AI could improve welfare of farmed chickens by listening to their squawks

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Artificial intelligence that could improve the welfare of farmed chickens by eavesdropping on their squawks could become available within five years, researchers say. The technology, which detects and quantifies distress calls made by chickens housed in huge indoor sheds, correctly distinguished distress calls from other barn noises with 97% accuracy, new research suggests. A similar approach could eventually be used to drive up welfare standards in other farmed animals. Each year, about 25 billion chickens are farmed around the world – many of them in huge sheds, each housing thousands of birds. One way to assess the welfare of such creatures is to listen to the sounds that they make.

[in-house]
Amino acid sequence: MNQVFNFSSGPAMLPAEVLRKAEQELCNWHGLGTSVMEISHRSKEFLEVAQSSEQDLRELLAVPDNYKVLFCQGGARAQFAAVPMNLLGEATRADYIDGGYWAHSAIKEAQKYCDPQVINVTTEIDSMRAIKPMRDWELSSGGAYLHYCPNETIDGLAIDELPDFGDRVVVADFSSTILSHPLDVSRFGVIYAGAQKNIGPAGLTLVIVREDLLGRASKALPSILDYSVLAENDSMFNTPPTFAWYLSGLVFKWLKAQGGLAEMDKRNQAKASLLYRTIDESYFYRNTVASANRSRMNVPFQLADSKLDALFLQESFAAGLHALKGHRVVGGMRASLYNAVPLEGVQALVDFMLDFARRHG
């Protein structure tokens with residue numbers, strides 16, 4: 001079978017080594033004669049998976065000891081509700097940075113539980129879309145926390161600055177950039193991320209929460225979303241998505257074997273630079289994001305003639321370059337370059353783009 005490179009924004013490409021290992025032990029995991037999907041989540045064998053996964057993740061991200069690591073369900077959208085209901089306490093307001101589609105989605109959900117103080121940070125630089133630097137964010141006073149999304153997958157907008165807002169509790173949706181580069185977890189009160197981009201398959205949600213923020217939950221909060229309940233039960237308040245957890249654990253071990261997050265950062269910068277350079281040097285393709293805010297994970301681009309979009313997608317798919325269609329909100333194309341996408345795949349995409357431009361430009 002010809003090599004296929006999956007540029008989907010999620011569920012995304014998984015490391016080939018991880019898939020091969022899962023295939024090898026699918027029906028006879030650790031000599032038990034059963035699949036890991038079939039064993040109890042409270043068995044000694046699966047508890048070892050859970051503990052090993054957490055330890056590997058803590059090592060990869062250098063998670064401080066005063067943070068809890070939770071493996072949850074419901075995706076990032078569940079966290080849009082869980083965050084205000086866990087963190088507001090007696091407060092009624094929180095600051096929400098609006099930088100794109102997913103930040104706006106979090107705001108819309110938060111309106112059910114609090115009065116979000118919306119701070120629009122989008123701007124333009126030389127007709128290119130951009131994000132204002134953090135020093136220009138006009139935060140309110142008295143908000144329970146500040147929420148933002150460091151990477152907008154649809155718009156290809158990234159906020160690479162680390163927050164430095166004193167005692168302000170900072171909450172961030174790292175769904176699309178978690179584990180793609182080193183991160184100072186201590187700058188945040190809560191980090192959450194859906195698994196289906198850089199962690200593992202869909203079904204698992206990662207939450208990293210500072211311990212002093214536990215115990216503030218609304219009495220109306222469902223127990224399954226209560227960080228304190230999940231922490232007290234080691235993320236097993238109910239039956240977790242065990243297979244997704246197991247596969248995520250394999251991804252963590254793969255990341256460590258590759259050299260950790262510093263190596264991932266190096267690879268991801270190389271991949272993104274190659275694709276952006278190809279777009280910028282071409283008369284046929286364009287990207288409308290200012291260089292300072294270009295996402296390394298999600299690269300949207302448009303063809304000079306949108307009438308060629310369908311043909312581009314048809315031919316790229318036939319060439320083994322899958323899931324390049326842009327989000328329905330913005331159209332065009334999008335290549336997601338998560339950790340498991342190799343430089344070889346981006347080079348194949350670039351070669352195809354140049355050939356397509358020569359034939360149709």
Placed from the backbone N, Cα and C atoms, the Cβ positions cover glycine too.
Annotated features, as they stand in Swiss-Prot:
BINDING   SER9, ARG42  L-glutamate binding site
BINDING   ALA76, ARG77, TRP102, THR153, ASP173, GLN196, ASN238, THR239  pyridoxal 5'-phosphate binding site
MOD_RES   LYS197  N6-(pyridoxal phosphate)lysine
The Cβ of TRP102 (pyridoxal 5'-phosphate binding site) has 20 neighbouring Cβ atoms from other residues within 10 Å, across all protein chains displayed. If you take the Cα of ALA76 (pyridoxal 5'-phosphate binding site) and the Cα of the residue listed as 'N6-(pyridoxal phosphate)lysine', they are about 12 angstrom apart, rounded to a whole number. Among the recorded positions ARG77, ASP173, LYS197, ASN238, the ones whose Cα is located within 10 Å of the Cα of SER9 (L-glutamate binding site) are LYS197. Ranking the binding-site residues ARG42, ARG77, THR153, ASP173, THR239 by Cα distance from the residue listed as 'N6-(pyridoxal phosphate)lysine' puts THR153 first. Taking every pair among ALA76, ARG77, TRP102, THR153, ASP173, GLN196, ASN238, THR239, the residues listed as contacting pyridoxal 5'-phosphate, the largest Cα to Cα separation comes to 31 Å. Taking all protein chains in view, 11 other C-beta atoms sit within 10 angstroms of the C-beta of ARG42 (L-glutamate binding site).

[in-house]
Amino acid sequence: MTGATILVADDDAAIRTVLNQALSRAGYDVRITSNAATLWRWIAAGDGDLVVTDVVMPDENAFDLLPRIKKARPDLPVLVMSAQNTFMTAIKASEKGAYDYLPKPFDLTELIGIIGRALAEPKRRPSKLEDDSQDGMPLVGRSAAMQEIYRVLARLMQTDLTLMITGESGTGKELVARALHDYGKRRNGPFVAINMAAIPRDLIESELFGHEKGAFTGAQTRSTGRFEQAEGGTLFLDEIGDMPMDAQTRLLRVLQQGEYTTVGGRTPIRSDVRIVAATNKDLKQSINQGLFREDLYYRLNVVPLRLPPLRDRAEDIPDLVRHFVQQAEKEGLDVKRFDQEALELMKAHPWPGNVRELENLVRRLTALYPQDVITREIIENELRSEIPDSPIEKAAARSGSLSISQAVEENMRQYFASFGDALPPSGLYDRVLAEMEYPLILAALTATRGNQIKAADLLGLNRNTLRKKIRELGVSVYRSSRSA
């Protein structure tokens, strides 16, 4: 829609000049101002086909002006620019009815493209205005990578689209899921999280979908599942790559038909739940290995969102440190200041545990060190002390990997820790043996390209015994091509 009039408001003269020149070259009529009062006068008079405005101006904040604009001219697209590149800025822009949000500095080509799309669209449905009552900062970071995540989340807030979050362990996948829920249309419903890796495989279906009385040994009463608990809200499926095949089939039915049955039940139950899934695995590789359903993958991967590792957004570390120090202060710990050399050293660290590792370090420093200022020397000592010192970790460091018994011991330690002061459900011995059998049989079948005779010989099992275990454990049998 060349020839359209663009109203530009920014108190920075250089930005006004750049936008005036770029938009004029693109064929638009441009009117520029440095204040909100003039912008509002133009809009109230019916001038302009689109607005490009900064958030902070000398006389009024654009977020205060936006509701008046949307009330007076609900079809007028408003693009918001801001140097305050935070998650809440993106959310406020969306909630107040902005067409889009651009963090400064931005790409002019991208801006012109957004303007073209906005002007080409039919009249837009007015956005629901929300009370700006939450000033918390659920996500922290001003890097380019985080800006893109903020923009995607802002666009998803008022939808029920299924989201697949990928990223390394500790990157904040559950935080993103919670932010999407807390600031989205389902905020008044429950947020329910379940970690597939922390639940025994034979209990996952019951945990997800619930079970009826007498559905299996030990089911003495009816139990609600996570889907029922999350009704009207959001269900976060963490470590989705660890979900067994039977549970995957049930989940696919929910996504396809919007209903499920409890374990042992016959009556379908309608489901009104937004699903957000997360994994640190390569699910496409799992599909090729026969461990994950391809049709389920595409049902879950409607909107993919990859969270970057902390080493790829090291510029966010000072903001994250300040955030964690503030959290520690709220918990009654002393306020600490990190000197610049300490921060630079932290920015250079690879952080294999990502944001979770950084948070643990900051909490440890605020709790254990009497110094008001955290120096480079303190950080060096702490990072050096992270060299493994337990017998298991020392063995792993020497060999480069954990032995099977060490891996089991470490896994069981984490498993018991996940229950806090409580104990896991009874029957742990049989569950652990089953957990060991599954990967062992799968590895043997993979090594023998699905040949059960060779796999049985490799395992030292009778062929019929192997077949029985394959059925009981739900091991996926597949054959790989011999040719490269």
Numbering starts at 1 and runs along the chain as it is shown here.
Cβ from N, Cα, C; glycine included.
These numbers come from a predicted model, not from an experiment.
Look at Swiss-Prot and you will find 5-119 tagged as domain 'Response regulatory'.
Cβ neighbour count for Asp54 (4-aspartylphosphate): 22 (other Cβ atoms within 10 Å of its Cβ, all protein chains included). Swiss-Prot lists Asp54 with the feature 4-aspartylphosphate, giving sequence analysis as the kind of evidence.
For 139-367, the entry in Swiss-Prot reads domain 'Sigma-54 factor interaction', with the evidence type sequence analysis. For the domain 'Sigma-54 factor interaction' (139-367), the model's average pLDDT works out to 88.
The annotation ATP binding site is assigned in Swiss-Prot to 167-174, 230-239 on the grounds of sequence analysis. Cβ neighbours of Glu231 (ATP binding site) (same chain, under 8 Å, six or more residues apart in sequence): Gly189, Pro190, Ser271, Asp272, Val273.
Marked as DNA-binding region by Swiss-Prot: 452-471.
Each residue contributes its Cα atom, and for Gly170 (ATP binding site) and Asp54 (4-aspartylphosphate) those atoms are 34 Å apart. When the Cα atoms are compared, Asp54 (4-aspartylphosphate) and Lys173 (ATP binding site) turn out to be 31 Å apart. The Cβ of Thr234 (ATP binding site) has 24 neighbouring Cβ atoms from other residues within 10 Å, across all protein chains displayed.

Yandex Open-Sources YaLM Model With 100 Billion Parameters

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Transformers are used for translation and text summarising tasks because they can analyze sequential input data, such as natural language. Transformers use the self-attention process and weights the importance of each component of the input data differently. Large-scale transformer-based language models have gained a lot of popularity recently in the disciplines of computer vision and natural language processing (NLP). They expand in size and complexity frequently, yet it costs millions of dollars, hires the greatest experts, and takes years to construct these models. Because of this, many companies have been unable to use it, and only significant IT organizations have access to this cutting-edge technology.